The disclosed solution can now be better understood turning to the following detailed description. It is to be expressly understood that the illustrated embodiments are set forth as examples and not by way of limitations on the embodiments as ultimately defined in the claims.

Referring first to FIGS. 1 to 4, the present fill valve system 110 comprises: (a) a water supply member 126; (b) a fill valve 111 at a top end of hollow water supply member 126; and (c) a float assembly 108 connected to the fill valve, float assembly 108 comprising: (i) a container 107, (ii) a float 105 nested in container 107, and (iii) a siphon tube 150 having an upper end 151 in container 107 and a bottom end 152 below the bottom of container 107. A vent hole 154 is provided at the top bend in siphon tube 150. In operation, the raising of float 105 in container 107 turns fill valve 111 off. Conversely, the lowering of float 105 in container 107 turns fill valve 111 on.

Water supply member 126 is preferably secured to a hole in the bottom of the toilet tank, and connected to the building's water lines. Fill valve 111 can be any suitable fill valve that is activated by the up or down movement of float 107.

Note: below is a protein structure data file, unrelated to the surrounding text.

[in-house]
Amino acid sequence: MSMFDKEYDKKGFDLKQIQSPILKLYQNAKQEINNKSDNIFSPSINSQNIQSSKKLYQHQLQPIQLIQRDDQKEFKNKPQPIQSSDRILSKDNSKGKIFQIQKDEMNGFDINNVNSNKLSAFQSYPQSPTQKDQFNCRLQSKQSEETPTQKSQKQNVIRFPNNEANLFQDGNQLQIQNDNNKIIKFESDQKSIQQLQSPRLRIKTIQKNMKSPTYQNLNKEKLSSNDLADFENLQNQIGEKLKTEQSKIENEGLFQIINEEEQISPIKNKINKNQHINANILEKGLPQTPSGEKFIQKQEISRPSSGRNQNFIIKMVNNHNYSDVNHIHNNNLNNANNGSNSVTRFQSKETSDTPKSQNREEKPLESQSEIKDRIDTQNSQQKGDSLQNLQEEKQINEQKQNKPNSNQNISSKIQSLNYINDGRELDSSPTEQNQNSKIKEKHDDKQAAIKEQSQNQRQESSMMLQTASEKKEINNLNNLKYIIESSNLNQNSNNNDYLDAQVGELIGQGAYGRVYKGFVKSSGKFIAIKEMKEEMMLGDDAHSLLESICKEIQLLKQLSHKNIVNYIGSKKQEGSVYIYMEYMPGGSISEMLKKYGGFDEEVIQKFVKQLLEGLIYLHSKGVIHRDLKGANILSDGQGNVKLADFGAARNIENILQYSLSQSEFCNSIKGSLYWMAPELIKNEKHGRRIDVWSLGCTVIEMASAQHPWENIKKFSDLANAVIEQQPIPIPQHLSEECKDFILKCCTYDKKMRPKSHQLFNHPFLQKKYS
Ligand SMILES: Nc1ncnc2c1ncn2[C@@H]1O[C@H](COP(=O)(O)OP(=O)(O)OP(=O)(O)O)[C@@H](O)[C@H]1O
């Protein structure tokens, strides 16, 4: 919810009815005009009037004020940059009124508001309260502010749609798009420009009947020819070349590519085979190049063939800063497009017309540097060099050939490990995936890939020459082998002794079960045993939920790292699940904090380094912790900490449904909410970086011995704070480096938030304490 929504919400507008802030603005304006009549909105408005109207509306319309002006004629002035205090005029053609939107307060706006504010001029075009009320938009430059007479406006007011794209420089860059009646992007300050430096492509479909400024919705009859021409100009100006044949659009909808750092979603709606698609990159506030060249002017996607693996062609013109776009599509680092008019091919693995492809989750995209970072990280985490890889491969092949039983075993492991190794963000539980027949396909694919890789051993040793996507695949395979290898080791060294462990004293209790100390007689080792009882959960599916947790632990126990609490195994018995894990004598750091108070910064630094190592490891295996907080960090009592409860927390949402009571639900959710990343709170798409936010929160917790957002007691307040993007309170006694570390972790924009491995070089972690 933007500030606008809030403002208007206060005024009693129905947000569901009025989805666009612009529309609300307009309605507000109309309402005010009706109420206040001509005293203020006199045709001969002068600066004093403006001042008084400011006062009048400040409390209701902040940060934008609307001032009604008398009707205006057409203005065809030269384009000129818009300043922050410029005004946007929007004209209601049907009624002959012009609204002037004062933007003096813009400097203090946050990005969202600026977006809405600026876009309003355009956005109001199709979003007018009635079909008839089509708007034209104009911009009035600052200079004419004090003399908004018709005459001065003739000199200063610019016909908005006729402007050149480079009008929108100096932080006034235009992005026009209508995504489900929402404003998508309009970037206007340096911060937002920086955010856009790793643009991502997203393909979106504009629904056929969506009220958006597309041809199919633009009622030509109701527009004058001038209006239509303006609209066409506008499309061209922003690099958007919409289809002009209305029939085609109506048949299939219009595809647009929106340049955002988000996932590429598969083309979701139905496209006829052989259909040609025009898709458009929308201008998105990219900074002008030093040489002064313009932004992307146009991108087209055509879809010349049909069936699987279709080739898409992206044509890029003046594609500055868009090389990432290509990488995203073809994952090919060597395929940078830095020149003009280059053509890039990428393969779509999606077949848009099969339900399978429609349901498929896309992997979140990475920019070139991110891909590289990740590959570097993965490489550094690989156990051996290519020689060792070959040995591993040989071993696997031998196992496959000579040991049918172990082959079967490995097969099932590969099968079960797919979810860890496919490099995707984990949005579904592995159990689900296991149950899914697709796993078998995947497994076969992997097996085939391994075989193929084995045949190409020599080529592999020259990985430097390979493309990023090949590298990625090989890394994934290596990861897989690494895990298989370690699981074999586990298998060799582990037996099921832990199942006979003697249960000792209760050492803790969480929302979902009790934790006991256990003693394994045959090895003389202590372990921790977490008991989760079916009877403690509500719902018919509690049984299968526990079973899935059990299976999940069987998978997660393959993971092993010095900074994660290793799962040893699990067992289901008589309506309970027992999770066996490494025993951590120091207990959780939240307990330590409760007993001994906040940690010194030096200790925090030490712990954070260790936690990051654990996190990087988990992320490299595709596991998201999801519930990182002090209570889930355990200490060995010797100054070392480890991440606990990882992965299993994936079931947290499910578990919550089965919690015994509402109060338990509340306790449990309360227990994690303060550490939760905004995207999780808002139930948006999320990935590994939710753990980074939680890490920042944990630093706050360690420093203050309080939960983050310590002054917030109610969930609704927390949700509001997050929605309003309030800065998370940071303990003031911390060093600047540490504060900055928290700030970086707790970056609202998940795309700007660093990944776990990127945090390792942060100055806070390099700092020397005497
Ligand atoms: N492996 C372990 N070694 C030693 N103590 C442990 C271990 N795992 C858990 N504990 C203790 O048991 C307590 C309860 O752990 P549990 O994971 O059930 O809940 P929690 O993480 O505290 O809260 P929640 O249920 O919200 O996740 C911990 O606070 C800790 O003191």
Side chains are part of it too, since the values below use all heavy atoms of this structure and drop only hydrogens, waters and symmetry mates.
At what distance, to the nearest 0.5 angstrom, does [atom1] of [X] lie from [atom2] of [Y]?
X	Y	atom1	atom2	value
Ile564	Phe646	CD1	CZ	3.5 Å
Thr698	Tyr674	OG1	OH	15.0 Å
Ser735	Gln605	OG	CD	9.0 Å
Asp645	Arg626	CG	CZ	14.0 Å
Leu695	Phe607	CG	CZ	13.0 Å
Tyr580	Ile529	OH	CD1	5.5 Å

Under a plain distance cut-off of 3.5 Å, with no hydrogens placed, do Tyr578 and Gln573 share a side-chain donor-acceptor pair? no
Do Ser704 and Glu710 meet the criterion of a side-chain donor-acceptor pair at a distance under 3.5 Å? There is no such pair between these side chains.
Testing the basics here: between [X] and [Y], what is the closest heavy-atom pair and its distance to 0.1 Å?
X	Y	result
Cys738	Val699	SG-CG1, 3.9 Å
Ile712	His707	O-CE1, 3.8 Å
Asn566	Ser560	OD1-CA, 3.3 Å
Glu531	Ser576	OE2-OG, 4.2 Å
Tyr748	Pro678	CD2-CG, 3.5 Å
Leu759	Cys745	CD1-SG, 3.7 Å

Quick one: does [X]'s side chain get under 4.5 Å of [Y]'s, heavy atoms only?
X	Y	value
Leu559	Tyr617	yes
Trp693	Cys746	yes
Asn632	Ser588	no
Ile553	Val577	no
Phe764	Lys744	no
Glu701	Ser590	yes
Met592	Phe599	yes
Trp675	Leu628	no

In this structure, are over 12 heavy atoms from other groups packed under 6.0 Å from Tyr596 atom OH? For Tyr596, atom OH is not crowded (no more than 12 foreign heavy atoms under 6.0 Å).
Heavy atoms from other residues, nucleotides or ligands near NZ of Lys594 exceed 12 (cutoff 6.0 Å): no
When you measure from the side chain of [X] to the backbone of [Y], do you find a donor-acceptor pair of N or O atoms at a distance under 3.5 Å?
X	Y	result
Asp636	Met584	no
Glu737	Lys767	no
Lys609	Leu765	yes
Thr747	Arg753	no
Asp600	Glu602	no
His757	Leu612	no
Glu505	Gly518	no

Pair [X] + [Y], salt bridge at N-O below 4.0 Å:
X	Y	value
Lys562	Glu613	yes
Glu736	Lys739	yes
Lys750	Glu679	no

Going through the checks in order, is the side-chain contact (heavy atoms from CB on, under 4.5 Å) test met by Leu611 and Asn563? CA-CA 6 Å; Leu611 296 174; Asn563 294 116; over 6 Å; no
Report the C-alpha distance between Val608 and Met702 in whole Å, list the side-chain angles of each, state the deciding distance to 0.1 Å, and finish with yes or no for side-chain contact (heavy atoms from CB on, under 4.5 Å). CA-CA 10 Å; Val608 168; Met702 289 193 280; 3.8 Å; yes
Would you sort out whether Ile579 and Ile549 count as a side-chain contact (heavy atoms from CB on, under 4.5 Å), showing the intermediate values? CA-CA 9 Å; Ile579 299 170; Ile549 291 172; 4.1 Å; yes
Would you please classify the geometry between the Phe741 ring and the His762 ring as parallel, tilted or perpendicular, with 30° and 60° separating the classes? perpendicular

In preferred embodiments best seen in FIGS. 3 and 4, container 107 has an open top end into which tank water can spill, and float 107 has an open bottom end. When the tank is fully refilled (FIG. 3), the water will spill over the sides and into the open top end of container 108. At this time, float 105 will be lifted, shutting off fill valve 111. However, during a flush, water will rapidly leave the tank, and the water in container 107 will be siphoned out of container 107 (and into the surrounding tank) at a much slower rate. As a result, a novel delay mechanism is provided, with the activation of fill valve 111 being delayed until siphon tube 150 has drained container 107 such that float 105 will fall at a delayed time (and turn on fill valve 111 at a delayed time) as seen in FIG. 4.